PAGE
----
Forget needing to travel nine hours to Japan to experience the fluffy goodness of the famous Gram souffle pancakes.
Because the popular cafe has set up shop in Sydney, dishing out the three-tier pancake stacks in Sydney’s north shore suburb of Chatswood.
The cafe opening adds to the already expanding chain around the world. Currently, 60 Gram cafes have popped up since launching in Osaka in 2014, bringing in thousands of tourists and locals desperate to indulge in the ultra-fluffy delights.
The pancakes draw big crowds in Japan.Source:Supplied
What makes these little pillows so fluffy is how they’re made. Basically, Gram chefs use an egg-white-heavy batter that’s whipped and steamed before cooking, creating a sponge-like pancake that’s easy to stack.
Gram’s executive chef has flown to Australia to ensure the pancakes are made to perfection.Source:Supplied
Pairing the pancakes with your choice of caramelised banana, honey apple and even matcha – this dessert will have you ordering more than a single plate.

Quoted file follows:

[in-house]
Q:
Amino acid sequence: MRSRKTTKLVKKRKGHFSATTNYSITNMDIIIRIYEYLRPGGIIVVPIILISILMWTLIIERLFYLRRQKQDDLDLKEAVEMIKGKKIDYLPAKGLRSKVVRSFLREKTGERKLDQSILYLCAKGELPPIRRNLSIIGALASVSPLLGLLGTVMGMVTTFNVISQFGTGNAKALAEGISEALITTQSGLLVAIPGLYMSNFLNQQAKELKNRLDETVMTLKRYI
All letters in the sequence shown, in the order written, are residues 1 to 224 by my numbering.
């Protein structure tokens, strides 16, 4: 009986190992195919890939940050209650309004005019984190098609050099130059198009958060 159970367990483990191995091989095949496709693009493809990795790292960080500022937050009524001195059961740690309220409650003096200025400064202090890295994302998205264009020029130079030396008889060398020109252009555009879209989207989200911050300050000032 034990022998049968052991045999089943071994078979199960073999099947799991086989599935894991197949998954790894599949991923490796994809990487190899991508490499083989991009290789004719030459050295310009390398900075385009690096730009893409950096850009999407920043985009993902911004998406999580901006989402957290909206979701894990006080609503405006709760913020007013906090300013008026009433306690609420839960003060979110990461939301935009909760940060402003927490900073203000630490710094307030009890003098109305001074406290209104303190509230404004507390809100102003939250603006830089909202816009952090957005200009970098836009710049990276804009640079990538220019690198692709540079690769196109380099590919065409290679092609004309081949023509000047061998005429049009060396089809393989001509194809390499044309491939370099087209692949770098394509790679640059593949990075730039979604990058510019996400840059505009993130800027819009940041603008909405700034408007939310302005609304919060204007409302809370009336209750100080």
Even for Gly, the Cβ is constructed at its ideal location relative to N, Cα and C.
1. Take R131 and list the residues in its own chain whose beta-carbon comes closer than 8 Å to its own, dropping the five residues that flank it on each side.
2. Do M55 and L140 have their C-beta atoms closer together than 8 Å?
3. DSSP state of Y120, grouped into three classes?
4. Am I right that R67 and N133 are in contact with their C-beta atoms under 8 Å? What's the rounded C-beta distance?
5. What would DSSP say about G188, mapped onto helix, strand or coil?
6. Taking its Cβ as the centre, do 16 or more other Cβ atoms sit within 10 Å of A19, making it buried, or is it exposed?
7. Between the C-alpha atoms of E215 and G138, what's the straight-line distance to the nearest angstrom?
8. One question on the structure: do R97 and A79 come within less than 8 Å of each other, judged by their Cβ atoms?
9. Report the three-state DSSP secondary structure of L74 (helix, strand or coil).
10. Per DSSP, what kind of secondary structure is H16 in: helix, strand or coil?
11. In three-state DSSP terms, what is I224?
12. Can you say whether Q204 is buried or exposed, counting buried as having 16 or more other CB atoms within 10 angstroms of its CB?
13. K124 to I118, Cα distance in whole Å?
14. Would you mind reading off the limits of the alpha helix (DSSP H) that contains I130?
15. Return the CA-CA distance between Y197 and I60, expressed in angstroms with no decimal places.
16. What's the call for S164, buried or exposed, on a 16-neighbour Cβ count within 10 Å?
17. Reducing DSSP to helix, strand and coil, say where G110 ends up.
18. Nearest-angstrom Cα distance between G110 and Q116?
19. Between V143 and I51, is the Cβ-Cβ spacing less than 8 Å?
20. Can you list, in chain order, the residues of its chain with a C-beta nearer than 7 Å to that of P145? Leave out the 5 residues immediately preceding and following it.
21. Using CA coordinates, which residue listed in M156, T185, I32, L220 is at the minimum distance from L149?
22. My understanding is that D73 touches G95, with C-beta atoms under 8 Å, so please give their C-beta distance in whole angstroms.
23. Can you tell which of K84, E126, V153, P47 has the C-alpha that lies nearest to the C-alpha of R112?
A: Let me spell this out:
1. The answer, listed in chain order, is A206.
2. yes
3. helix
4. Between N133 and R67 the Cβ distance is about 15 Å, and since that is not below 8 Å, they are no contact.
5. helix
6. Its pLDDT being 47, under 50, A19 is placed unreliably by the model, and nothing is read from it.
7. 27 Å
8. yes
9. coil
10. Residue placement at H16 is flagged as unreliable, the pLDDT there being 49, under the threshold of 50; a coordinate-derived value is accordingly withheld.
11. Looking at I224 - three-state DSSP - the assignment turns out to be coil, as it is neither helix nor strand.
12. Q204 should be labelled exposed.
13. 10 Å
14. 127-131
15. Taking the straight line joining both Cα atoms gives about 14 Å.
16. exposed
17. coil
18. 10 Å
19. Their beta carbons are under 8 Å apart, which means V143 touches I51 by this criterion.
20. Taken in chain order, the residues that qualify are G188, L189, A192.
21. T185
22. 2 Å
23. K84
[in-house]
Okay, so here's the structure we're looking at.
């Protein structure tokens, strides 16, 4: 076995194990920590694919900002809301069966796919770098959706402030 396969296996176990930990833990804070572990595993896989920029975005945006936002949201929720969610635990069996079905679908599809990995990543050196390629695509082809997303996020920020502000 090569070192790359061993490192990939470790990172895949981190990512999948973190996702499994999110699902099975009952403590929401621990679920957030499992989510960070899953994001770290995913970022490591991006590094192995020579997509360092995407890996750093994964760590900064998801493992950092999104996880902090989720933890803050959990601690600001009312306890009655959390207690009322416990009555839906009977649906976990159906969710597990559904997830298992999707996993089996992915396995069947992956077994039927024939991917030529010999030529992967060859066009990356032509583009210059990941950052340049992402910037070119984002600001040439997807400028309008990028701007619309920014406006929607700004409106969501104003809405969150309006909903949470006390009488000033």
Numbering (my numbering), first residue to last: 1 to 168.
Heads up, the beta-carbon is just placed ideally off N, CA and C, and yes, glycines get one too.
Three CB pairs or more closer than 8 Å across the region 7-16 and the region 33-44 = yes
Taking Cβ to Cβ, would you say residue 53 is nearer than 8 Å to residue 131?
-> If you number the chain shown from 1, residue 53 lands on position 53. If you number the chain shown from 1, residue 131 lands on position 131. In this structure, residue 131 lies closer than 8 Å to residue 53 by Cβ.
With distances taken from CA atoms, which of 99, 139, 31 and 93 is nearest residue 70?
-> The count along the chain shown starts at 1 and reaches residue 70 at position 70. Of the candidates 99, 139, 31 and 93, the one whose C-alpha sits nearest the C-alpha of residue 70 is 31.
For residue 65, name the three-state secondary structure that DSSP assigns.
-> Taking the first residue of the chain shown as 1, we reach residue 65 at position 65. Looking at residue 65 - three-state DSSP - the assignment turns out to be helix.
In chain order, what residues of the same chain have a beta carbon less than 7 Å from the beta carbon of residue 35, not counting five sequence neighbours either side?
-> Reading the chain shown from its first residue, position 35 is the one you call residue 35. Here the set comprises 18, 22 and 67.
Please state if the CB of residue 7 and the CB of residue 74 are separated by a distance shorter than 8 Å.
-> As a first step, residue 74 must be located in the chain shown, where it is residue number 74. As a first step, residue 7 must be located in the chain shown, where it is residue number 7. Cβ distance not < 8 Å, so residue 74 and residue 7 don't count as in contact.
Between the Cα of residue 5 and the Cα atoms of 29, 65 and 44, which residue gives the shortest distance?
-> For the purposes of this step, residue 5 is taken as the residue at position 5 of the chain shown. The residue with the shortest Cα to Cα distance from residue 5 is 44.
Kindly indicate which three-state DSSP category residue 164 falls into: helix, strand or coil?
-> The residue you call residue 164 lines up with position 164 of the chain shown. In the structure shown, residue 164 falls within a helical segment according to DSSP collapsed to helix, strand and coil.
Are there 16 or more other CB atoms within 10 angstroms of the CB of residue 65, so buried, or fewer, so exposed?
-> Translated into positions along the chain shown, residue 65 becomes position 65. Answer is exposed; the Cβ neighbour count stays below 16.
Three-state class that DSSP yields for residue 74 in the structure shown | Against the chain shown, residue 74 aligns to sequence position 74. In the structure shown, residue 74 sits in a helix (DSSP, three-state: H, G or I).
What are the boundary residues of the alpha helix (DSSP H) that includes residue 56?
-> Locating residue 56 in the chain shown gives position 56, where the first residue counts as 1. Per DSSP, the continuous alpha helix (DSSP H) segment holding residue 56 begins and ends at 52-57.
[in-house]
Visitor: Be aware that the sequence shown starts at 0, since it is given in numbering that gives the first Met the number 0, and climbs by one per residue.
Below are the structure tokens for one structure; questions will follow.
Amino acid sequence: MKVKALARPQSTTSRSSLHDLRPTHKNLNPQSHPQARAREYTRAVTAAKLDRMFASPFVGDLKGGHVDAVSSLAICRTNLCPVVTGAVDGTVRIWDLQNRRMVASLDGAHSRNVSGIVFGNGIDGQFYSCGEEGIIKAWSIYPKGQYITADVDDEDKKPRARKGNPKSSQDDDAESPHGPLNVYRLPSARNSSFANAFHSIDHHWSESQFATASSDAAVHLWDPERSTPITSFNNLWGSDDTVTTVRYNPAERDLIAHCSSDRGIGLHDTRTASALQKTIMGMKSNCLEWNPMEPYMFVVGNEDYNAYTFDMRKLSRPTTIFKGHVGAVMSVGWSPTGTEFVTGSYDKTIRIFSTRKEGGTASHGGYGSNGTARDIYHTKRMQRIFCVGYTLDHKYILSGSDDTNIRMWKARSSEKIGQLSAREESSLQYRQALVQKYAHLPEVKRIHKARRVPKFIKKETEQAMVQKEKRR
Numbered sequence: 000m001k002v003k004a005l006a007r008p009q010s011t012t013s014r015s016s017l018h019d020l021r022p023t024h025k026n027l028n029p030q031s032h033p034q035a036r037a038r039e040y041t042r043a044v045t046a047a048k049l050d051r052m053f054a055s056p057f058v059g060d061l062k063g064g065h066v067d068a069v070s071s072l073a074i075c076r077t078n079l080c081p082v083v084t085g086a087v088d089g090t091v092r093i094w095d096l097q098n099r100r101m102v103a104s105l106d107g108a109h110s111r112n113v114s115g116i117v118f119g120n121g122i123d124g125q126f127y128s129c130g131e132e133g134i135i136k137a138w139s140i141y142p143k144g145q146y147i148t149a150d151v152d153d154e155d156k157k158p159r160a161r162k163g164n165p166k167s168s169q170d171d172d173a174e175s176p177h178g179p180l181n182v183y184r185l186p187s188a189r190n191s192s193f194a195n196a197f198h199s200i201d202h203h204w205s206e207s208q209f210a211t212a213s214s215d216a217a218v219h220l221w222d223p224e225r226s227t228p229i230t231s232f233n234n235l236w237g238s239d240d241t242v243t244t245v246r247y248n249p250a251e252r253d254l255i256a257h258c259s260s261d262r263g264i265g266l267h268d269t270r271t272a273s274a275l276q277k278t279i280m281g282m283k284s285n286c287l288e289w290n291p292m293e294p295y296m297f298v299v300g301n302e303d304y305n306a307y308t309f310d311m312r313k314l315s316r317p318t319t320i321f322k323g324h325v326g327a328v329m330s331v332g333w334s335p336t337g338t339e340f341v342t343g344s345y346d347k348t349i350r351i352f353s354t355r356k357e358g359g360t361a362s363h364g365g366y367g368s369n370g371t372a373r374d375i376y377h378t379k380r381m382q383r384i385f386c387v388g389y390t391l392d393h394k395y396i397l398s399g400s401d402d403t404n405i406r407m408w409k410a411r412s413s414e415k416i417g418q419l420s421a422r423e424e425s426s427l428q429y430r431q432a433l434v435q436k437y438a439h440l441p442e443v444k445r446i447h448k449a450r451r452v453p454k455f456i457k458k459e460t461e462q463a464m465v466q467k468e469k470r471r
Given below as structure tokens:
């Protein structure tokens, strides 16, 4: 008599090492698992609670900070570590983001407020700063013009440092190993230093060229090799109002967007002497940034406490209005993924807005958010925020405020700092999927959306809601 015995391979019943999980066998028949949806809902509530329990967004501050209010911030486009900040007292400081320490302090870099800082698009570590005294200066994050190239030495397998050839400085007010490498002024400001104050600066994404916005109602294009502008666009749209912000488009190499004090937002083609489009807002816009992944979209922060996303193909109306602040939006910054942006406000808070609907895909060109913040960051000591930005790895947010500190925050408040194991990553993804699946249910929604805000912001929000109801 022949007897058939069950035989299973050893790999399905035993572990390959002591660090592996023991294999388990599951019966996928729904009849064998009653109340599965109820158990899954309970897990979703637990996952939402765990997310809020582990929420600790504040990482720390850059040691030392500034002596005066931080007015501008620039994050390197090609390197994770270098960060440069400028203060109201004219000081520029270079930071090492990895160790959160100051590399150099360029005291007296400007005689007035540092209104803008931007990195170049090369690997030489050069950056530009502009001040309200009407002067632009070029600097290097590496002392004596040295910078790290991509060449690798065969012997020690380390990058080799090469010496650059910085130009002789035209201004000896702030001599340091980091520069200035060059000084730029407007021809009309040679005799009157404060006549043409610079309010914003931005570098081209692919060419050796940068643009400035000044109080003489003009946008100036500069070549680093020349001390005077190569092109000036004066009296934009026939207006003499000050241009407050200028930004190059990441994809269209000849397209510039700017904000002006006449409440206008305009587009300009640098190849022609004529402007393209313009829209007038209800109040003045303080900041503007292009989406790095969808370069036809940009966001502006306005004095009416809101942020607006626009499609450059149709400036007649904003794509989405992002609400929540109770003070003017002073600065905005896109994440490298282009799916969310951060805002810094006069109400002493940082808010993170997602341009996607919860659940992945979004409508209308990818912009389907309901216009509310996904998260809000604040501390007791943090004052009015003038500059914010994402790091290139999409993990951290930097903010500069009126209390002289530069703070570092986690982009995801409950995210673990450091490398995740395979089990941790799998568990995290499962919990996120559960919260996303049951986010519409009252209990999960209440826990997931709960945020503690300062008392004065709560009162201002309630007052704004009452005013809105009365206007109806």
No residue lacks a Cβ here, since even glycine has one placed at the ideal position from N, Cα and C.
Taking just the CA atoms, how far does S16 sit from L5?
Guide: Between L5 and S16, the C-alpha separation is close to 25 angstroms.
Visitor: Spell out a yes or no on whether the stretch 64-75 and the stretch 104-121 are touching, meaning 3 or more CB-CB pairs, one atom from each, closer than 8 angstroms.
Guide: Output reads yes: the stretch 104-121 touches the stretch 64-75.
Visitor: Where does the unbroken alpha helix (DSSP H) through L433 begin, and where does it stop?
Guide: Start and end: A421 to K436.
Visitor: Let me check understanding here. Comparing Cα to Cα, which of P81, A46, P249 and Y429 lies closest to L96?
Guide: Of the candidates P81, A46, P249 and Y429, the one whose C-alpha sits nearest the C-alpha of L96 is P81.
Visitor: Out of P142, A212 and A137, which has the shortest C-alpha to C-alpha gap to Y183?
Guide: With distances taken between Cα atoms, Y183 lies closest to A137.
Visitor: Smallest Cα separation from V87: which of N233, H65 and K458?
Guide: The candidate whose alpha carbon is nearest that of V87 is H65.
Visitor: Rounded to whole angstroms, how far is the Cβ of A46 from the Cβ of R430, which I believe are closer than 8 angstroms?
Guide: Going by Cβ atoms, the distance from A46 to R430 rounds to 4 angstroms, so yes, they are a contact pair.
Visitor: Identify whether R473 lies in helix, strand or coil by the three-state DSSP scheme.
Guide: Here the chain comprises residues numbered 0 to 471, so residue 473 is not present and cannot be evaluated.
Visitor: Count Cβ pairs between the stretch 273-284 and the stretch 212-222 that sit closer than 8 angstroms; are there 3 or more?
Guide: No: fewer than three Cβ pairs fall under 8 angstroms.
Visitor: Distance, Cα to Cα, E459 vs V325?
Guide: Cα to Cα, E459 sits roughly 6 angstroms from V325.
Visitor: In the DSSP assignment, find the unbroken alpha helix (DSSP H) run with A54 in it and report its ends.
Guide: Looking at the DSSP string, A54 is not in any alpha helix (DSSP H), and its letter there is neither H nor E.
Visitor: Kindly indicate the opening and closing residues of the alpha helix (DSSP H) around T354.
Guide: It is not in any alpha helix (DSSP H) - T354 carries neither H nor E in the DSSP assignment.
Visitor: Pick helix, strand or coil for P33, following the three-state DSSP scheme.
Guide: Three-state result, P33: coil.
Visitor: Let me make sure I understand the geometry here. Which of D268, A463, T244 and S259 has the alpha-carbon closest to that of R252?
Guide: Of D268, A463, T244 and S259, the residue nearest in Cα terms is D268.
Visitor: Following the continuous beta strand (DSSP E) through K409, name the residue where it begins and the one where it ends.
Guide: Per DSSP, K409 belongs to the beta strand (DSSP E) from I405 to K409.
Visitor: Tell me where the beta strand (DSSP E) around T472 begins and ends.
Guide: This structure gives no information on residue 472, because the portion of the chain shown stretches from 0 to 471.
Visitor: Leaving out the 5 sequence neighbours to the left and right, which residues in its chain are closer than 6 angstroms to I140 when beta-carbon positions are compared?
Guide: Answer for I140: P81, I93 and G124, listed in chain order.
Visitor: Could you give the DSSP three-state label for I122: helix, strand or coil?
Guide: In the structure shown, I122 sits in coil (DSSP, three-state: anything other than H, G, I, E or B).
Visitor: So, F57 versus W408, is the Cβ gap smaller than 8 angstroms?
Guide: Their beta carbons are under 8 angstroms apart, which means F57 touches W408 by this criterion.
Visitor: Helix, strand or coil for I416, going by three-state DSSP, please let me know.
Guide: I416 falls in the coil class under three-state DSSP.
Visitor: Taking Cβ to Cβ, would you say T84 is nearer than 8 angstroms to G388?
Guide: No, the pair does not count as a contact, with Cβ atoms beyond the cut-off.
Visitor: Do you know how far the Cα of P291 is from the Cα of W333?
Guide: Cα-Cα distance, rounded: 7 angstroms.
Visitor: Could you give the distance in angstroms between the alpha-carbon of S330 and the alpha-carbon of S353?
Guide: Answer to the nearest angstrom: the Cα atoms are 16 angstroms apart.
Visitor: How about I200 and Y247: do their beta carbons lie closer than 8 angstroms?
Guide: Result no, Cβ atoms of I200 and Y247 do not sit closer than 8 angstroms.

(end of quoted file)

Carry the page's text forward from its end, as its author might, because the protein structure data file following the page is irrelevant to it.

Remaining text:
The fluffy pancakes come in matcha flavour.Source:Instagram
Gram expects the cafe to be so popular in Sydney that they’ve flown their executive chef out from Japan to teach Australian staff how to get the perfect texture for each pancake.
But if you’re not in the mood for one of their famous pancake dishes, the cafe will also be dishing up french toast, a savoury pancake option, parfaits and smoothies.
It’s not the first time a popular Japanese dessert has arrived on our shores and caused a stir.
In 2016, the world-famous Uncle Tetsu’s Japanese cheesecake shop has opened in Sydney, drawing crowds eager to get their hands on the famous hot-cake treat.
Japanese cake shop Uncle Tetsu’s opened on George Street in Sydney in 2016 and sold more than 14,000 cheesecakes in the cafe’s first 10 days of trade.Source:News Corp Australia
The soft and fluffy cheesecakes – a far cry from your typical cake – are served freshly baked and piping hot rather than cold with a crumbly base.
In its first 10 days of opening, more than 14,000 cheesecakes flew out the doors of the Sydney store, some people travelling more than an hour to satisfy their cravings.
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